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Two Brazilians allegedly tied to Hezbollah deny all charges

Former Brazilian President Jair Bolsonaro and former first lady Michelle Bolsonaro "have opted to exercise their right to remain silent" in relation to a jewelry scandal, according to documents reported on by the Brazilian media
— Rio de Janeiro (AFP)

Two people arrested in Brazil for allegedly planning terrorist attacks in the country on behalf of Lebanon-based Hezbollah have denied any such involvement, according to images seen Saturday on the G1 news site.

During an audience with a judge conducted Friday by videoconference, the suspects -- both Brazilian nationals in their 30s arrested earlier this week by federal police -- categorically denied all charges, calling them "absurd."

"I'm being treated like a criminal, like a terrorist, but I'm neither of those," said one suspect, a resident of Santa Catarina state. The suspects' names were not provided.

The operation Wednesday, which included raids elsewhere in Brazil, aimed to disrupt "the preparation of terrorist attacks and secure evidence on the possible recruitment of Brazilians to carry out extremist acts in the country," the police said.

The Israeli intelligence service Mossad said in a statement it had worked with Brazilian security services and international agencies to "foil a terrorist attack in Brazil," which it said was "planned by the Hezbollah terrorist organization, directed and financed by the Iranian regime."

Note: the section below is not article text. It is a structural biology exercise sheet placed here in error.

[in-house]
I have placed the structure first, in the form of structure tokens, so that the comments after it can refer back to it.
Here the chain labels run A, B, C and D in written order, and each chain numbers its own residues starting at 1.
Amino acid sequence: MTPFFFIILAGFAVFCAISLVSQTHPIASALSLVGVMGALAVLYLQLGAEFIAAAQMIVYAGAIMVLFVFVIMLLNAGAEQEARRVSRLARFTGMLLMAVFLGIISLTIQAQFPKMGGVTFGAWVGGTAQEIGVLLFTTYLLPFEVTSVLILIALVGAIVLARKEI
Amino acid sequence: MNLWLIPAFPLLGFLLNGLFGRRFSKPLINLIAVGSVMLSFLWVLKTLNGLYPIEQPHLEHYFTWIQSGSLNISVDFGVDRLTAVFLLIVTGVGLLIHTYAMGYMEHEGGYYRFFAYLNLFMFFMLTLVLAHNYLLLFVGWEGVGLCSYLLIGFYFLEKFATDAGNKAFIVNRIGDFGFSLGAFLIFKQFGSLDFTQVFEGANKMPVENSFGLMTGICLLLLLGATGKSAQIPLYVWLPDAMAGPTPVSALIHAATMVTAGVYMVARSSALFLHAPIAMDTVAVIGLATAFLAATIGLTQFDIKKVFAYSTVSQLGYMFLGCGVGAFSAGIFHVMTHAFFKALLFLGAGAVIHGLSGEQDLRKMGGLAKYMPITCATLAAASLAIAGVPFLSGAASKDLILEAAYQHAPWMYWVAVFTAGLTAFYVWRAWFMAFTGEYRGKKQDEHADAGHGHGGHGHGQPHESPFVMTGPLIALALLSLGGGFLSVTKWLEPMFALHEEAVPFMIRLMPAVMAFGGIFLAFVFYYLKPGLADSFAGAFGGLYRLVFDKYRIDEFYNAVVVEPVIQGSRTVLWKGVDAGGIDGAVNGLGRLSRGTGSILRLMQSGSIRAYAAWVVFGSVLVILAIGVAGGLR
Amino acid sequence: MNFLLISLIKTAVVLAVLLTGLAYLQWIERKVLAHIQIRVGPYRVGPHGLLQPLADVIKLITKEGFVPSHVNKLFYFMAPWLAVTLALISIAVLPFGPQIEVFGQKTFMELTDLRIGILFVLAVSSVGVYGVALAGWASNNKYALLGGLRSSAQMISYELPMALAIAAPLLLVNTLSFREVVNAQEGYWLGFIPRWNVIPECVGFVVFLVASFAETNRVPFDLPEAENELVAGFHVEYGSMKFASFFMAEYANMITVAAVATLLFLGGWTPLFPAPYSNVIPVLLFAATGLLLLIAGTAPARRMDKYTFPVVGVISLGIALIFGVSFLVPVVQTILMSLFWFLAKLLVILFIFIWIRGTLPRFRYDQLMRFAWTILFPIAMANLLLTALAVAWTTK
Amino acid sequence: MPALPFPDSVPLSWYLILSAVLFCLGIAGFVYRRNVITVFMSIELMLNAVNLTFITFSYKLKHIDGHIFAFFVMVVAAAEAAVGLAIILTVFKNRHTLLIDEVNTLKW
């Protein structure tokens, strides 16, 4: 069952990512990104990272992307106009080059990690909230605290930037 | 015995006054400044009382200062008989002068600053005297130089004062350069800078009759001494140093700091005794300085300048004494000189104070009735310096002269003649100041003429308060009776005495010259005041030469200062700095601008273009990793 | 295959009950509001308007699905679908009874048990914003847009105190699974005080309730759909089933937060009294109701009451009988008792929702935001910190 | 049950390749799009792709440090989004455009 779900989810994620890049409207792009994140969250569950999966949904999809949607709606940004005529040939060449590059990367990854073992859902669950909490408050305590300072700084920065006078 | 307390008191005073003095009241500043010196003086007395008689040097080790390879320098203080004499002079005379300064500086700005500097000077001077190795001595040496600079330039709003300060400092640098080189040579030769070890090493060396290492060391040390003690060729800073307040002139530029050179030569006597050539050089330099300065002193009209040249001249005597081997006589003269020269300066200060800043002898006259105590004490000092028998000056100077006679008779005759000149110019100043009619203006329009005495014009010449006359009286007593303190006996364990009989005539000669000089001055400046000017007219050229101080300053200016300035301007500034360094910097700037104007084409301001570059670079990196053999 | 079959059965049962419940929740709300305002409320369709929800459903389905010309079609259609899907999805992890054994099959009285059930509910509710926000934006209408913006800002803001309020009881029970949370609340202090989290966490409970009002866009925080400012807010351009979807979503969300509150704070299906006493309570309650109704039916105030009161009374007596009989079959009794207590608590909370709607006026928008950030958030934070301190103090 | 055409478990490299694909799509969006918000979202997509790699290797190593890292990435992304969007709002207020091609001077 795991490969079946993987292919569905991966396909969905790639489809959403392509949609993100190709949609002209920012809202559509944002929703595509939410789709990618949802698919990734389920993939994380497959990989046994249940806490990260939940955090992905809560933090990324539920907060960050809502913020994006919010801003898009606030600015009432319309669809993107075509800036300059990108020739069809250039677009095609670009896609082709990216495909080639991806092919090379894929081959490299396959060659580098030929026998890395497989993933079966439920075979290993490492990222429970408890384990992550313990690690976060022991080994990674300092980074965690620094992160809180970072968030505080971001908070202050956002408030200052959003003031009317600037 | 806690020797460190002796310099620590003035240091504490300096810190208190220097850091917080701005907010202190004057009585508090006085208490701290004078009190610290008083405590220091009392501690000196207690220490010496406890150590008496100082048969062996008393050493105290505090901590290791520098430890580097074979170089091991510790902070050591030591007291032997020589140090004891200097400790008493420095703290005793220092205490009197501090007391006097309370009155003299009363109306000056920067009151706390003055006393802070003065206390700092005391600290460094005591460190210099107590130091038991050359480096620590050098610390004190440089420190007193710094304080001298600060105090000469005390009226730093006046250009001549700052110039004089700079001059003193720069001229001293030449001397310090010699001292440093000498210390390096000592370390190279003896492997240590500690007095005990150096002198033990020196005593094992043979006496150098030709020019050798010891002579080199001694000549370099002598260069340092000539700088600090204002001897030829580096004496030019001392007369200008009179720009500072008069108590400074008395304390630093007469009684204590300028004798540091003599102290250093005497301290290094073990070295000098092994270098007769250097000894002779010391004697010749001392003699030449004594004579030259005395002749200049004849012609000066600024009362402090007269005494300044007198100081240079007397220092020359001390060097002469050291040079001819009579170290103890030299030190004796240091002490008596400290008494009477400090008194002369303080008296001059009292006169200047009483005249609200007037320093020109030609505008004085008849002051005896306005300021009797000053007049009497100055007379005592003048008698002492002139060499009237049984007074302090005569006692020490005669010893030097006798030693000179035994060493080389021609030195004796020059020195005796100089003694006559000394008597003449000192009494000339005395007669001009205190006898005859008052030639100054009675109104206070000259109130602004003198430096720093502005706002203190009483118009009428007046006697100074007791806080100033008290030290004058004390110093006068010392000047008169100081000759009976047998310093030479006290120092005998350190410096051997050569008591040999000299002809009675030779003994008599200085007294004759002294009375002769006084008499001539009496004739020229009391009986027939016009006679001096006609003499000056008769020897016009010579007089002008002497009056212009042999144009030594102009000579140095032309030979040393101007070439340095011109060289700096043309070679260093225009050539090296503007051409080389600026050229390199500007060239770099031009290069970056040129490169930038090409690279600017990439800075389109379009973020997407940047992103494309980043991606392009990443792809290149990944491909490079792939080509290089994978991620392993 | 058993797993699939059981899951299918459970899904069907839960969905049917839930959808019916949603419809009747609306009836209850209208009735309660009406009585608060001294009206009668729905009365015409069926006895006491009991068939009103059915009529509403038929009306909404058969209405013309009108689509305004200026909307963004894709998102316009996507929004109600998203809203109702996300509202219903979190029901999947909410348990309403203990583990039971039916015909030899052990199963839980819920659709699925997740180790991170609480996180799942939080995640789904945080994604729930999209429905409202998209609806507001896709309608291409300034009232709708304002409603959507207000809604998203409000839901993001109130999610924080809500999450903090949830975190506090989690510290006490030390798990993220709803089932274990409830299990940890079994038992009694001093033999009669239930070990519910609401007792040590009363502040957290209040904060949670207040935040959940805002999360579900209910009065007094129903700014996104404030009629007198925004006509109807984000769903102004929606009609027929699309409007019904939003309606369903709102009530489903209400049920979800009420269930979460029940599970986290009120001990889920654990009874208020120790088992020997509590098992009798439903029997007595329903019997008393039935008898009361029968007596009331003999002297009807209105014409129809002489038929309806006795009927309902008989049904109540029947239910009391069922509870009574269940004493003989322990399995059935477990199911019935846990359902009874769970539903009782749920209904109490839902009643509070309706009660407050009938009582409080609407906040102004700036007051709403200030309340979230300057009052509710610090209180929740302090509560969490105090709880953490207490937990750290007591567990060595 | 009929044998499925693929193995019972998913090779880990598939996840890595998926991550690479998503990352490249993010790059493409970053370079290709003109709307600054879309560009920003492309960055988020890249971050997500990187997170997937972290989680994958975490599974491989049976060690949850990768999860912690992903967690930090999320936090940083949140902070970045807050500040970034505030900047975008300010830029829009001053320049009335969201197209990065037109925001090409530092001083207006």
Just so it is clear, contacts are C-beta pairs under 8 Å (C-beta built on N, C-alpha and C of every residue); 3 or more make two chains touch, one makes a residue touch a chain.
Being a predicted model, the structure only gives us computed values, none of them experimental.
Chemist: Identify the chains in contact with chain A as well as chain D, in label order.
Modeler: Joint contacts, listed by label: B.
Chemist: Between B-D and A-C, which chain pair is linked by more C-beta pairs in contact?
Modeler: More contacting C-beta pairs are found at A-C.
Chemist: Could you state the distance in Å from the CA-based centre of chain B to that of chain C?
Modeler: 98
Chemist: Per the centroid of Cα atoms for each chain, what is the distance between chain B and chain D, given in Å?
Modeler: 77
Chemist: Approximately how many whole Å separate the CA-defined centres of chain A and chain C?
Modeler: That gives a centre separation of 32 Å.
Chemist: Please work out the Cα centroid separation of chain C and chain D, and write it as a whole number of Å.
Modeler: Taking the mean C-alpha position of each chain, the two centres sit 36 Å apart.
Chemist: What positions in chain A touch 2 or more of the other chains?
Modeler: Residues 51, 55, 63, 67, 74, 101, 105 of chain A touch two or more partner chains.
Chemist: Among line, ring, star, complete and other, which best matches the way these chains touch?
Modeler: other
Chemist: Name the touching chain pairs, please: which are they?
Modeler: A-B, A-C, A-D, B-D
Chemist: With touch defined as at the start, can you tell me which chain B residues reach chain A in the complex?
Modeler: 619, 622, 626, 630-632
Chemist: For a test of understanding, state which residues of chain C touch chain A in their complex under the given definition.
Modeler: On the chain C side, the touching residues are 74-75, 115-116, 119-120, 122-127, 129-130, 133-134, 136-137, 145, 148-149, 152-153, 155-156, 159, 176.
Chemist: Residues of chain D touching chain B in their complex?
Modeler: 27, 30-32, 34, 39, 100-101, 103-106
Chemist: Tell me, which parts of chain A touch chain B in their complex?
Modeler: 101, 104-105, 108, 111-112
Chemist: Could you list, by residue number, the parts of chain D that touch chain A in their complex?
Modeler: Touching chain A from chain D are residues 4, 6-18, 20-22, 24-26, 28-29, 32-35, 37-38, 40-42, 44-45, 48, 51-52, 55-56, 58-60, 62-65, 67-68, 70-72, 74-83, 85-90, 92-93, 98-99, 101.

It said the plan aimed at "Israeli and Jewish targets in Brazil."

Hezbollah, an Iranian-backed Shiite movement, is allied with Hamas, the Palestinian Islamist group locked in a bloody conflict with Israel.

The first suspect told the judge it was "absurd" to suggest he was a member of either Hezbollah or Hamas.

The second suspect, a Brasilia resident arrested at a Sao Paulo airport after returning from Lebanon, also denied any connection to the militant groups.

Several Brazilian officials have expressed discontent with the Mossad statement about the operation.

Justice Minister Flavio Dino accused the Israeli service of wanting to "anticipate the result of an active investigation... for reasons of political propaganda."

Since Hamas militants attacked Israel on October 7 -- killing 1,200 and prompting retaliatory attacks by Israel that Gaza authorities say have killed some 11,000 -- Brazilian President Luiz Inacio Lula da Silva has condemned the "terrorist attacks perpetrated by Hamas" while also deploring the killing by Israeli forces of "innocents" in Gaza.

US authorities say Hezbollah has used parts of Brazil, Argentina and Paraguay -- a region home to large numbers of Lebanese expats -- to raise funds and launder money, while also allegedly selling arms to local crime groups.

Officials in those countries say Washington has not provided proof of terrorist connections.

Prosecutors in Argentina -- which like Brazil has a sizable Jewish population -- accused Hezbollah of the 1994 bombing of a Jewish center that killed 85 people.